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COVID-19 pandemic disrupts vaccinations, global measles cases increase by 80%

Measles, Mumps and Rubella (MMR) vaccine vial. (Artwork: AP)

The COVID-19 pandemic has disrupted immunization campaigns for non-COVID-19 diseases around the world, creating a “storm of illness” that could put millions of children at risk, the Foundation said. Children’s United Nations (UNICEF) and the World Health Organization said in a statement.

More than 17,300 cases Measles were reported globally in January and February 2022, compared with about 9,600 cases in the same period in 2021.

UN data shows that there were 21 waves measles outbreak took place in the last 12 months to April 2021, mostly in Africa and the Eastern Mediterranean.

Christopher Gregory, UNICEF’s senior medical adviser on immunization, told AFP that, because measles is “the most contagious disease that can be prevented with a vaccine”, it is often taken as a warning sign.

Mr. Gregory said yellow fever is one of the epidemics that could increase next, after an increase in the number of cases was reported in West Africa.

“We’re especially worried about the most vulnerable countries, where the healthcare system is really struggling and they’re still trying to cope with the impacts of COVID-19,” he said. .

The COVID-19 epidemic disrupted vaccination, the number of global measles cases increased by 80% - Photo 1.

Measles is a viral disease that mainly affects children. (Photo: Xinhua News Agency)

According to United Nations figures, Somalia has recorded the most measles cases in the past 12 months with more than 9,000 cases, followed by Yemen, Afghanistan, Nigeria and Ethiopia. All these countries are facing conflict in different forms.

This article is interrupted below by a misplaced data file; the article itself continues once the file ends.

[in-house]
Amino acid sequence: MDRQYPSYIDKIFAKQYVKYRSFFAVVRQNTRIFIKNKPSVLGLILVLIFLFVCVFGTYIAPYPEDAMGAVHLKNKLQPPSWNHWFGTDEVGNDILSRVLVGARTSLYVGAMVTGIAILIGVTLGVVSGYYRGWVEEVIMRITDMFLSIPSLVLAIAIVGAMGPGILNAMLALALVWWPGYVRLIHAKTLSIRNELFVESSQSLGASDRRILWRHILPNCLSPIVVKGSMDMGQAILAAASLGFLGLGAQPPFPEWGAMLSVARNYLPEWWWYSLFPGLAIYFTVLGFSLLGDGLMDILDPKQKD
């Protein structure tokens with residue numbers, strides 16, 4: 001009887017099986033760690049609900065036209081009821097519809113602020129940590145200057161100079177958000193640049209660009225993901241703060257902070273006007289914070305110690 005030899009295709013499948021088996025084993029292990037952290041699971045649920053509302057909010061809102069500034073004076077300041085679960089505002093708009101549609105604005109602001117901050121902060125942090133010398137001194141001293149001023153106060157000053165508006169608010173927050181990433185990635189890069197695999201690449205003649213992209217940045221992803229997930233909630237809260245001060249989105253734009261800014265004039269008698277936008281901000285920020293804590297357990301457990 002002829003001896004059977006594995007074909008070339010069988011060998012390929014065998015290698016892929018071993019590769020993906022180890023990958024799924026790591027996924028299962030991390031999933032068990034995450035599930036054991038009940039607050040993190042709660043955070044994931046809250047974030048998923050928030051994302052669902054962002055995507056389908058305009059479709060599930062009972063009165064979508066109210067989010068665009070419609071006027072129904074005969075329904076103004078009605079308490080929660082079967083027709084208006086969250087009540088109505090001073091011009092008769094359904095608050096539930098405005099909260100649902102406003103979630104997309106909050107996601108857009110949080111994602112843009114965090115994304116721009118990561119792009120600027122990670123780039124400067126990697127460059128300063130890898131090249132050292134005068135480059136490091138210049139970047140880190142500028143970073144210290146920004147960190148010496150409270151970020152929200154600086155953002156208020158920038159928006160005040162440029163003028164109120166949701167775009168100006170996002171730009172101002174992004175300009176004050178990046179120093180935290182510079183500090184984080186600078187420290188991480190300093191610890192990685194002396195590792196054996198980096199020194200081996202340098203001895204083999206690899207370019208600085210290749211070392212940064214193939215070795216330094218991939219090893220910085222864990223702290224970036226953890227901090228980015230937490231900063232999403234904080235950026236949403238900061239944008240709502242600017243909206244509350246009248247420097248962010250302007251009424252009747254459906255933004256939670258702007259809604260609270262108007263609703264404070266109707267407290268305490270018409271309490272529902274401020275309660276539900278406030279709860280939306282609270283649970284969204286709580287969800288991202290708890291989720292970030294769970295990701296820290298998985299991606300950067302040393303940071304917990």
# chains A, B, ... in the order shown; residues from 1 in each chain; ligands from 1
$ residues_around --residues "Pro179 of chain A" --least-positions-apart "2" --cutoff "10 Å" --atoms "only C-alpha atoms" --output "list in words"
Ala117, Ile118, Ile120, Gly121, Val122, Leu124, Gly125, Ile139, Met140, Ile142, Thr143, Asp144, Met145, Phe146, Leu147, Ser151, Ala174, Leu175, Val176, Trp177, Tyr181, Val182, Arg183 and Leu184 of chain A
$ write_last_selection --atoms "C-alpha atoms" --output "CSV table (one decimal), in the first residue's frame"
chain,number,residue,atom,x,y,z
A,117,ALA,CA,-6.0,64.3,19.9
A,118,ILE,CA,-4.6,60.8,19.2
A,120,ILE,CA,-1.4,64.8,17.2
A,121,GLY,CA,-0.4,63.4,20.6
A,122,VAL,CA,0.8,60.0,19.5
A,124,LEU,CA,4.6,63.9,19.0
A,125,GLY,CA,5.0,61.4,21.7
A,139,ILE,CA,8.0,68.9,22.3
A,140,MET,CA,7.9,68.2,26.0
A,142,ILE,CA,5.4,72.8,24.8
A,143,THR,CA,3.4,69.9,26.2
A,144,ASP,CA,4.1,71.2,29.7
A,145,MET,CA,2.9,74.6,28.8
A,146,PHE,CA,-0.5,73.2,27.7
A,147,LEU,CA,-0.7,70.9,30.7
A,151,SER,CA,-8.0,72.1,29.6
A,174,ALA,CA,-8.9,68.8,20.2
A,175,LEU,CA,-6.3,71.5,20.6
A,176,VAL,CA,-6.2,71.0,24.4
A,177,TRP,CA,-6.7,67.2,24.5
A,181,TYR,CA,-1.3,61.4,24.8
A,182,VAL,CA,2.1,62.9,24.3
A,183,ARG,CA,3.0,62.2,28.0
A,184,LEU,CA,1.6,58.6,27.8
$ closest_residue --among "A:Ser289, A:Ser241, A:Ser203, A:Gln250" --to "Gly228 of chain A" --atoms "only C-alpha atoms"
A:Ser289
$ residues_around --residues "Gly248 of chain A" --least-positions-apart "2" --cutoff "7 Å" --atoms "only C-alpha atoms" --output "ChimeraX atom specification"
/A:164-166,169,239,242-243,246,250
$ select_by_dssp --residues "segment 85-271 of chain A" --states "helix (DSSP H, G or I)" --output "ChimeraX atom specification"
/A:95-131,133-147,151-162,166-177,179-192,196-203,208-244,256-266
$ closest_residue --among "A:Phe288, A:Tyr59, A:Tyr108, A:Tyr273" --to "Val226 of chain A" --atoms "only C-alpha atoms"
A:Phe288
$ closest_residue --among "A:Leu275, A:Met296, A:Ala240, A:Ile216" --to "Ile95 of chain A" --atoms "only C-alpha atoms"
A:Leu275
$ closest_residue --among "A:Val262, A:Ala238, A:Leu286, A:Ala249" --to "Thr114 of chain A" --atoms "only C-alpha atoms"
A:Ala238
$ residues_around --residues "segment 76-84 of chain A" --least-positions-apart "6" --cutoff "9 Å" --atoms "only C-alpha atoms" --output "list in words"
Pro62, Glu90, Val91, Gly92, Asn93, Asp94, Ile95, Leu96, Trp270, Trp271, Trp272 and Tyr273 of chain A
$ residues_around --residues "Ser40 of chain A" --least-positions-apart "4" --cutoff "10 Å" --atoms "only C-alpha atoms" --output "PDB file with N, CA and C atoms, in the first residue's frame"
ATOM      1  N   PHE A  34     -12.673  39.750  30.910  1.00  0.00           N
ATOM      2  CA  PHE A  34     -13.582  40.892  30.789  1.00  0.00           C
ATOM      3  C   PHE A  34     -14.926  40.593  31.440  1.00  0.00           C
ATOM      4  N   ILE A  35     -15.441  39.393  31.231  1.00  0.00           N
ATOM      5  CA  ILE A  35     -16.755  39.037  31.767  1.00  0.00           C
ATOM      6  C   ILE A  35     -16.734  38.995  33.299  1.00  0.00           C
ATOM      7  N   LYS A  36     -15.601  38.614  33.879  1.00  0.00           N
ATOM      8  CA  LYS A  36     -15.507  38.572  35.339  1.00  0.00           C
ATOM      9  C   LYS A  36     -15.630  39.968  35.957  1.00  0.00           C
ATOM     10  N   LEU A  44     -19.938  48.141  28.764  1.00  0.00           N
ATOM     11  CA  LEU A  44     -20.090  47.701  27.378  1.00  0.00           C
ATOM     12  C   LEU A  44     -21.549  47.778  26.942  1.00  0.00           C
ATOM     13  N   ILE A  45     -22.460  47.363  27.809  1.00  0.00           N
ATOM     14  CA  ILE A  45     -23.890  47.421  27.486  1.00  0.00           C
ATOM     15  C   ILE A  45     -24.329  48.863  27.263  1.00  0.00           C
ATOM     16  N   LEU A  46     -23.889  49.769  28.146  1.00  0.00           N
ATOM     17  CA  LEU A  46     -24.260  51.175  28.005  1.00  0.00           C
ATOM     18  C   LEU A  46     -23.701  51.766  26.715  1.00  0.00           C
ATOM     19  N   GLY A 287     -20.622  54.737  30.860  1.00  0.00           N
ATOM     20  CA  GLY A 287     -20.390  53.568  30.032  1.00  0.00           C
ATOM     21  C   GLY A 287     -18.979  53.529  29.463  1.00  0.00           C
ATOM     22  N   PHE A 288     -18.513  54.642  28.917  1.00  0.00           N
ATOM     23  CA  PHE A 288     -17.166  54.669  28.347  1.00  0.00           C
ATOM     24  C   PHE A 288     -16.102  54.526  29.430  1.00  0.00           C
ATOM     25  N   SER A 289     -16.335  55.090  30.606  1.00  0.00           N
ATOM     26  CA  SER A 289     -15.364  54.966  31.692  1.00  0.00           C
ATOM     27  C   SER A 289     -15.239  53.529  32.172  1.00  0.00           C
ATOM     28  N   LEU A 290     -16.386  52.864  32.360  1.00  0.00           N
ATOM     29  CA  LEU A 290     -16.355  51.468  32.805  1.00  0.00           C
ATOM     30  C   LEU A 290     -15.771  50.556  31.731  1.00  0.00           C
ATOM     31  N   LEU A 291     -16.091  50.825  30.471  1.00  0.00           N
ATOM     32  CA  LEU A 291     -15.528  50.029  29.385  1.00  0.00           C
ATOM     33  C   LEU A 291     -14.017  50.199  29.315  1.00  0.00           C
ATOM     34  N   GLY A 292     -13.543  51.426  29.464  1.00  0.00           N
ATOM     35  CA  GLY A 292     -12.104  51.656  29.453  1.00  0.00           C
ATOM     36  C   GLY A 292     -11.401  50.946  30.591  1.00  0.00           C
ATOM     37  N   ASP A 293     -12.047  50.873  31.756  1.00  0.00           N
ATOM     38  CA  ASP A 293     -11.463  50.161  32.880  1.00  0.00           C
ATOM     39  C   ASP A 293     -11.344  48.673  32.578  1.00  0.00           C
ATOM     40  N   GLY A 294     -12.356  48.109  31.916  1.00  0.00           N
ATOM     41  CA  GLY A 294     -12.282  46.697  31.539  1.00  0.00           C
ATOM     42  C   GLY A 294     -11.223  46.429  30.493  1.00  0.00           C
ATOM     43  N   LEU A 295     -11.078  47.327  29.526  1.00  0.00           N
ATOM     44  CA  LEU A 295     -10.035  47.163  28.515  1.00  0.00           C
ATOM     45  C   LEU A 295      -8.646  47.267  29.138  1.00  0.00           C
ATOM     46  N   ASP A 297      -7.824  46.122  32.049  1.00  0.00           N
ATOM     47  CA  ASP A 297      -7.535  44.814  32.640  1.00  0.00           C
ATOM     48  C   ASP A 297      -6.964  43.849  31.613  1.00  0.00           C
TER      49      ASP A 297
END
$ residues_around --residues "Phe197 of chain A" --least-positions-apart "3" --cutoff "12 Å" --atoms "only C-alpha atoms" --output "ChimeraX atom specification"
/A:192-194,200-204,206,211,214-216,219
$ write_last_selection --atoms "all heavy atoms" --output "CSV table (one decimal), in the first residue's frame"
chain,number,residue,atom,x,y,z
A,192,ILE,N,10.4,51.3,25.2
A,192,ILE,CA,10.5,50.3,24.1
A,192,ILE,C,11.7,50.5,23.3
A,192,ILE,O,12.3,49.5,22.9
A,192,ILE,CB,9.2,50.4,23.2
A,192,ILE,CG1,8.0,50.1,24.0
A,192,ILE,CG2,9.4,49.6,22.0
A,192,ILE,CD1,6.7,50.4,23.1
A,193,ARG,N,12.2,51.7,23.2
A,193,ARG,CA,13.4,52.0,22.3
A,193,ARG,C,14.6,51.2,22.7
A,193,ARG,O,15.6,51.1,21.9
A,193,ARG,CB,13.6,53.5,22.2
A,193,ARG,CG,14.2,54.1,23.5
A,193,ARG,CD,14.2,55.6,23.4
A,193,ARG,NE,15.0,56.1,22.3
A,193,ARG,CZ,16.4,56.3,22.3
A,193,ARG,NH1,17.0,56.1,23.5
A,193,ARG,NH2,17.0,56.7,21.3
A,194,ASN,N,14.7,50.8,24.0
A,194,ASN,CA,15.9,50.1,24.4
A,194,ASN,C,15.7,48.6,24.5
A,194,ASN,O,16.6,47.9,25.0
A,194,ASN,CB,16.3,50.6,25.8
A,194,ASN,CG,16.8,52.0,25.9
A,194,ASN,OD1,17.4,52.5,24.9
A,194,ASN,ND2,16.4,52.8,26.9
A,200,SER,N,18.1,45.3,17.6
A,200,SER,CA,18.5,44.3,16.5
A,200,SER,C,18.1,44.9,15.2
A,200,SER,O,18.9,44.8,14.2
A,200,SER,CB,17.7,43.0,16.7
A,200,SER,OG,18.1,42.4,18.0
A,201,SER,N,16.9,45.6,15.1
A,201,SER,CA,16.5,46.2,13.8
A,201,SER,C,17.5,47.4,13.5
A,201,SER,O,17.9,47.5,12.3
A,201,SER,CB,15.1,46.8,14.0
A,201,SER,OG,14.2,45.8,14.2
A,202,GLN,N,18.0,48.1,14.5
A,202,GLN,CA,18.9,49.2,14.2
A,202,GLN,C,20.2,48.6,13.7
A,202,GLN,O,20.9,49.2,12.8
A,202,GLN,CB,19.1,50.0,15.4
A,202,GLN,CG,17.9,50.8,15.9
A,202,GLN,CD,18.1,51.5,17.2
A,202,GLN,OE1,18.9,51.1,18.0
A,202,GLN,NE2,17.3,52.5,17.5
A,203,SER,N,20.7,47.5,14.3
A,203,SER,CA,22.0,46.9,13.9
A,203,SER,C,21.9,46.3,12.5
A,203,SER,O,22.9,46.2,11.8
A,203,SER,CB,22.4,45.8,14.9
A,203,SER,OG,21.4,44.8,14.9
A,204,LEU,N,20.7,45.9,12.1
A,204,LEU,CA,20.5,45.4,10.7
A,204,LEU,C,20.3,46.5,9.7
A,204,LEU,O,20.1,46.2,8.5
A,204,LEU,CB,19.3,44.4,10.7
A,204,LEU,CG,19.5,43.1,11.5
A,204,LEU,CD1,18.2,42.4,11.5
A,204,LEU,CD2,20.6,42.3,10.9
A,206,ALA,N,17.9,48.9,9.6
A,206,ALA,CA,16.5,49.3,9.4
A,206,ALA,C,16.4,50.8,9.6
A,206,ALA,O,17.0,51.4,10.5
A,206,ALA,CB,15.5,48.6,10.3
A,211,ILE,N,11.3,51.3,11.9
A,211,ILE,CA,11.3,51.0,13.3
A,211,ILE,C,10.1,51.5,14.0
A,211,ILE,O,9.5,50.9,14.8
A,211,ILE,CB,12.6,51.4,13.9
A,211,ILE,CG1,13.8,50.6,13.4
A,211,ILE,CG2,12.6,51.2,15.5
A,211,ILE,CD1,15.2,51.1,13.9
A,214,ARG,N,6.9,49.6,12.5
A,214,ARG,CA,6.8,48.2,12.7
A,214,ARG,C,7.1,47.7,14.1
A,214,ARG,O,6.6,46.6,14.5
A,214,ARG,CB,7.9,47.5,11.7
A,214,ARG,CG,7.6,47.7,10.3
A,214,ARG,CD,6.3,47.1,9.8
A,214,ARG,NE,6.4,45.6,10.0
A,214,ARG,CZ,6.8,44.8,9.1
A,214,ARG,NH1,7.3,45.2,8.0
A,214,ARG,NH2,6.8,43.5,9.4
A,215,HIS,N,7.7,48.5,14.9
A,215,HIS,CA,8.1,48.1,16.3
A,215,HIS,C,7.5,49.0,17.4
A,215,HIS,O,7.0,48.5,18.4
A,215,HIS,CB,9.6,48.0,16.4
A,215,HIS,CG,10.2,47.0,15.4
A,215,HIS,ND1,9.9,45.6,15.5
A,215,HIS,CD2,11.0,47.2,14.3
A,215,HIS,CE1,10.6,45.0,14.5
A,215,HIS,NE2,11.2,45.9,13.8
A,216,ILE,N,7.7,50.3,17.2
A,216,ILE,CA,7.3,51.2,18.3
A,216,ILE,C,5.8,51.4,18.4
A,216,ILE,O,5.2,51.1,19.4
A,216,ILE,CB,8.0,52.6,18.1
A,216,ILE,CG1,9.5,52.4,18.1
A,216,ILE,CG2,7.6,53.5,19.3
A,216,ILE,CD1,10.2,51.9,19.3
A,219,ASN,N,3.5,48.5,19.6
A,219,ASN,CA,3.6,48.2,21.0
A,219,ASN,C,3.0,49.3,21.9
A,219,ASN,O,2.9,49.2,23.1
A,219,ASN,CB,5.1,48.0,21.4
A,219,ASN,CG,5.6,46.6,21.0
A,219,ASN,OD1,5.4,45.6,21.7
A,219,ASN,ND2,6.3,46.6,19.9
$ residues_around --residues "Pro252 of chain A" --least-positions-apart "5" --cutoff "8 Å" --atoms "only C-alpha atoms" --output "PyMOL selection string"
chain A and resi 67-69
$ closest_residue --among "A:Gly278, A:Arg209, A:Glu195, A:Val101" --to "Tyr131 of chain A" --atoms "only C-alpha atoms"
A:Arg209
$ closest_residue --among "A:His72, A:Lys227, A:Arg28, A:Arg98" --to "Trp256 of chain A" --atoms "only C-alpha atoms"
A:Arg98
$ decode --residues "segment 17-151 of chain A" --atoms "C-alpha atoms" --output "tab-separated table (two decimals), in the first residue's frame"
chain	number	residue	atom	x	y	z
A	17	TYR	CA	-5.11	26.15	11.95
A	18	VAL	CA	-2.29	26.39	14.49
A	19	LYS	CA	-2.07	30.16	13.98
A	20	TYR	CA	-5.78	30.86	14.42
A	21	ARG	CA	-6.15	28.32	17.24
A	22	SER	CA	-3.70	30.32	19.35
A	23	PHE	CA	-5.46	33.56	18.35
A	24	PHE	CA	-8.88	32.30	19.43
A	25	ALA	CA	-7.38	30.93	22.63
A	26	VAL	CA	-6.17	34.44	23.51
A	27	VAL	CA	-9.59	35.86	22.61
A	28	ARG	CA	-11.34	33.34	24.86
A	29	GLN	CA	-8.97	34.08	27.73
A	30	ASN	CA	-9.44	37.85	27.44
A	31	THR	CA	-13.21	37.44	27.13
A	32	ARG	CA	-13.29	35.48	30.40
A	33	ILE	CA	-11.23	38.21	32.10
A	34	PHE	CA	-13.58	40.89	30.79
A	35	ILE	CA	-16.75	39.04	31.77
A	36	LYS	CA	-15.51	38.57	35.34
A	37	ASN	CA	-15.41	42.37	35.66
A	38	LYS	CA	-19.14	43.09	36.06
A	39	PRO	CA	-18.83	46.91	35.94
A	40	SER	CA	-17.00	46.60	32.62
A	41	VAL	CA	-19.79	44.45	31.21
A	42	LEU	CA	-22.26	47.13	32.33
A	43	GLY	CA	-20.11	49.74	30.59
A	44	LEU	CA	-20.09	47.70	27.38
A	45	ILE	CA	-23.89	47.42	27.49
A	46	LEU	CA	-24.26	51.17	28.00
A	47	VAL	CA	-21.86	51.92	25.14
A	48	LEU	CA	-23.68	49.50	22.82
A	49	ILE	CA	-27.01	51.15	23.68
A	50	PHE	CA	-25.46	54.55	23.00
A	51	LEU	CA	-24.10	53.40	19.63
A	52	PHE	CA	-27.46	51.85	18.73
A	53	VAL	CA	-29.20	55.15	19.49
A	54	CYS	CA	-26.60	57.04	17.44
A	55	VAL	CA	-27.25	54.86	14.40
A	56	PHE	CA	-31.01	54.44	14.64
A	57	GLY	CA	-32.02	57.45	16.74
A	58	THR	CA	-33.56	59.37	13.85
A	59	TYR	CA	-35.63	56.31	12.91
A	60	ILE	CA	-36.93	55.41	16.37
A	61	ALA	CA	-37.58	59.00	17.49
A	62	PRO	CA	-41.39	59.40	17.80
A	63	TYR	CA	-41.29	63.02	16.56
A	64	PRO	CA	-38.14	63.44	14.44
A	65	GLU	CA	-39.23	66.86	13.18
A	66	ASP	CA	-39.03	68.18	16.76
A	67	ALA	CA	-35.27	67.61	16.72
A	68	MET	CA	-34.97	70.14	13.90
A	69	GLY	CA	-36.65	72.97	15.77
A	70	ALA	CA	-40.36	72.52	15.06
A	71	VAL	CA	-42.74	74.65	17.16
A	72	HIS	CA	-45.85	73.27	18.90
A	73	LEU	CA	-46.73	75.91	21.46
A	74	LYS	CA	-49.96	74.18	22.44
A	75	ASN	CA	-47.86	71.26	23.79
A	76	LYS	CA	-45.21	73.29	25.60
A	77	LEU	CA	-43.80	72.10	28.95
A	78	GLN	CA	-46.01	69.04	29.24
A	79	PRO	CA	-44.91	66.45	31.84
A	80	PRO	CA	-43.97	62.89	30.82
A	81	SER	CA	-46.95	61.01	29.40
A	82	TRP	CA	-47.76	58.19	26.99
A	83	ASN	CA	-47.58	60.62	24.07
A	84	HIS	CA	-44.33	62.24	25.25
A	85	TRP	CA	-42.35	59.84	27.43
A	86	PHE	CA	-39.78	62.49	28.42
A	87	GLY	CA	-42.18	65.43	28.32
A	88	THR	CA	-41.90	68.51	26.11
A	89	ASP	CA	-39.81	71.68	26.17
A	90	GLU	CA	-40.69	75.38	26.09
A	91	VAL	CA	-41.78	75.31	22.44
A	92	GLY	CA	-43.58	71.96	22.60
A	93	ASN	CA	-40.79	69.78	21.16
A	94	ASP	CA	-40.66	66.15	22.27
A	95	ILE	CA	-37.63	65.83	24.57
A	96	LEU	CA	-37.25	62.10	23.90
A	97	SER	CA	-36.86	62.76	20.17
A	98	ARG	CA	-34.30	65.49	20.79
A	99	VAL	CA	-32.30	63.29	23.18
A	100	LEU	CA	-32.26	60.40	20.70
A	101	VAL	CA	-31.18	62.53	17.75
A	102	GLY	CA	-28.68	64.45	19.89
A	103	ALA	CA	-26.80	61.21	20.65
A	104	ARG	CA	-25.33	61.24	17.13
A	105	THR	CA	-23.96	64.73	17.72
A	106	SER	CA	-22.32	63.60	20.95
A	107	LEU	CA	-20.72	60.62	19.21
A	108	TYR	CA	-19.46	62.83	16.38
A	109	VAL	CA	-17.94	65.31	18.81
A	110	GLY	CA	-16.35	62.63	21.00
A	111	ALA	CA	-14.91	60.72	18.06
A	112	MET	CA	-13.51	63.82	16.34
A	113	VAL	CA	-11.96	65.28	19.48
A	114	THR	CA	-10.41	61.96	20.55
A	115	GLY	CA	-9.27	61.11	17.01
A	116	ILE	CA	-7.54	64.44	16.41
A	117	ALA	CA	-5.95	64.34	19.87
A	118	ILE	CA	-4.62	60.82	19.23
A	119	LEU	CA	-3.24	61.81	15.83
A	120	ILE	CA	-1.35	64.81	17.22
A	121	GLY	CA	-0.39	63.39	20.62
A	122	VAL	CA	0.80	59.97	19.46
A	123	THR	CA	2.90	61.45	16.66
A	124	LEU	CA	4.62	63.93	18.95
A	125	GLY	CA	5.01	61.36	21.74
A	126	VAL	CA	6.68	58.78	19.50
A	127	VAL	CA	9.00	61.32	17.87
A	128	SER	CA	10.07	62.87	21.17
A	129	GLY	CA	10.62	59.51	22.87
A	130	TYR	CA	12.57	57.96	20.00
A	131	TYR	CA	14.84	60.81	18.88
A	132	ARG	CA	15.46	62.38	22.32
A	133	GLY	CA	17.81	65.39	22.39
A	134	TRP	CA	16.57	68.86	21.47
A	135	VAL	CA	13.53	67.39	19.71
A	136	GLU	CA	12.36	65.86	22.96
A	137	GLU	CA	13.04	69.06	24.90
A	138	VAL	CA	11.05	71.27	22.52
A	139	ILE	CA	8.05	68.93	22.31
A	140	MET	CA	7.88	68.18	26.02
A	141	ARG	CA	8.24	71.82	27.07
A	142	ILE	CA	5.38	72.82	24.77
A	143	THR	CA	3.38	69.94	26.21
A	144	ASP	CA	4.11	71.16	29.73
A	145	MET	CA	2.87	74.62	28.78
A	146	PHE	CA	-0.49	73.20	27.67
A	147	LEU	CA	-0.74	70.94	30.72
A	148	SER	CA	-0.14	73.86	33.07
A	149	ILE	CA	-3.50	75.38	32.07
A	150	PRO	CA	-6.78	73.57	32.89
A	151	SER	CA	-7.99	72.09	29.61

There are also concerns that the war in Ukraine could spark a “resurgence” of measles in the country after Ukraine recorded the highest rate of measles in Europe between 2017 and 2019.

More than 23 million children have been missed vaccinations periodically in 2020, when the COVID-19 pandemic begins, and this is the largest number in more than a decade.

The United Nations says 57 immunization campaigns in 43 countries were postponed, at the start of the pandemic, affecting 203 million people, most of them children.

COVID-19 also continues to put pressure on healthcare facilities, pulling staff and attention away from vaccinations for long-standing deadly diseases.

“The impact of these disruptions on immunization services will be felt for decades to come,” said WHO Director-General Tedros Adhanom Ghebreyesus. “Now is the time to get essential vaccinations back on track and restart immunization campaigns so everyone has access to these life-saving vaccines.”

It’s time to put childhood immunizations on “at least the same priority as the COVID-19 vaccine,” said Gregory.

Measles is a viral disease that mainly affects children. The most serious complications include blindness, brain swelling, diarrhea, and severe respiratory infections.

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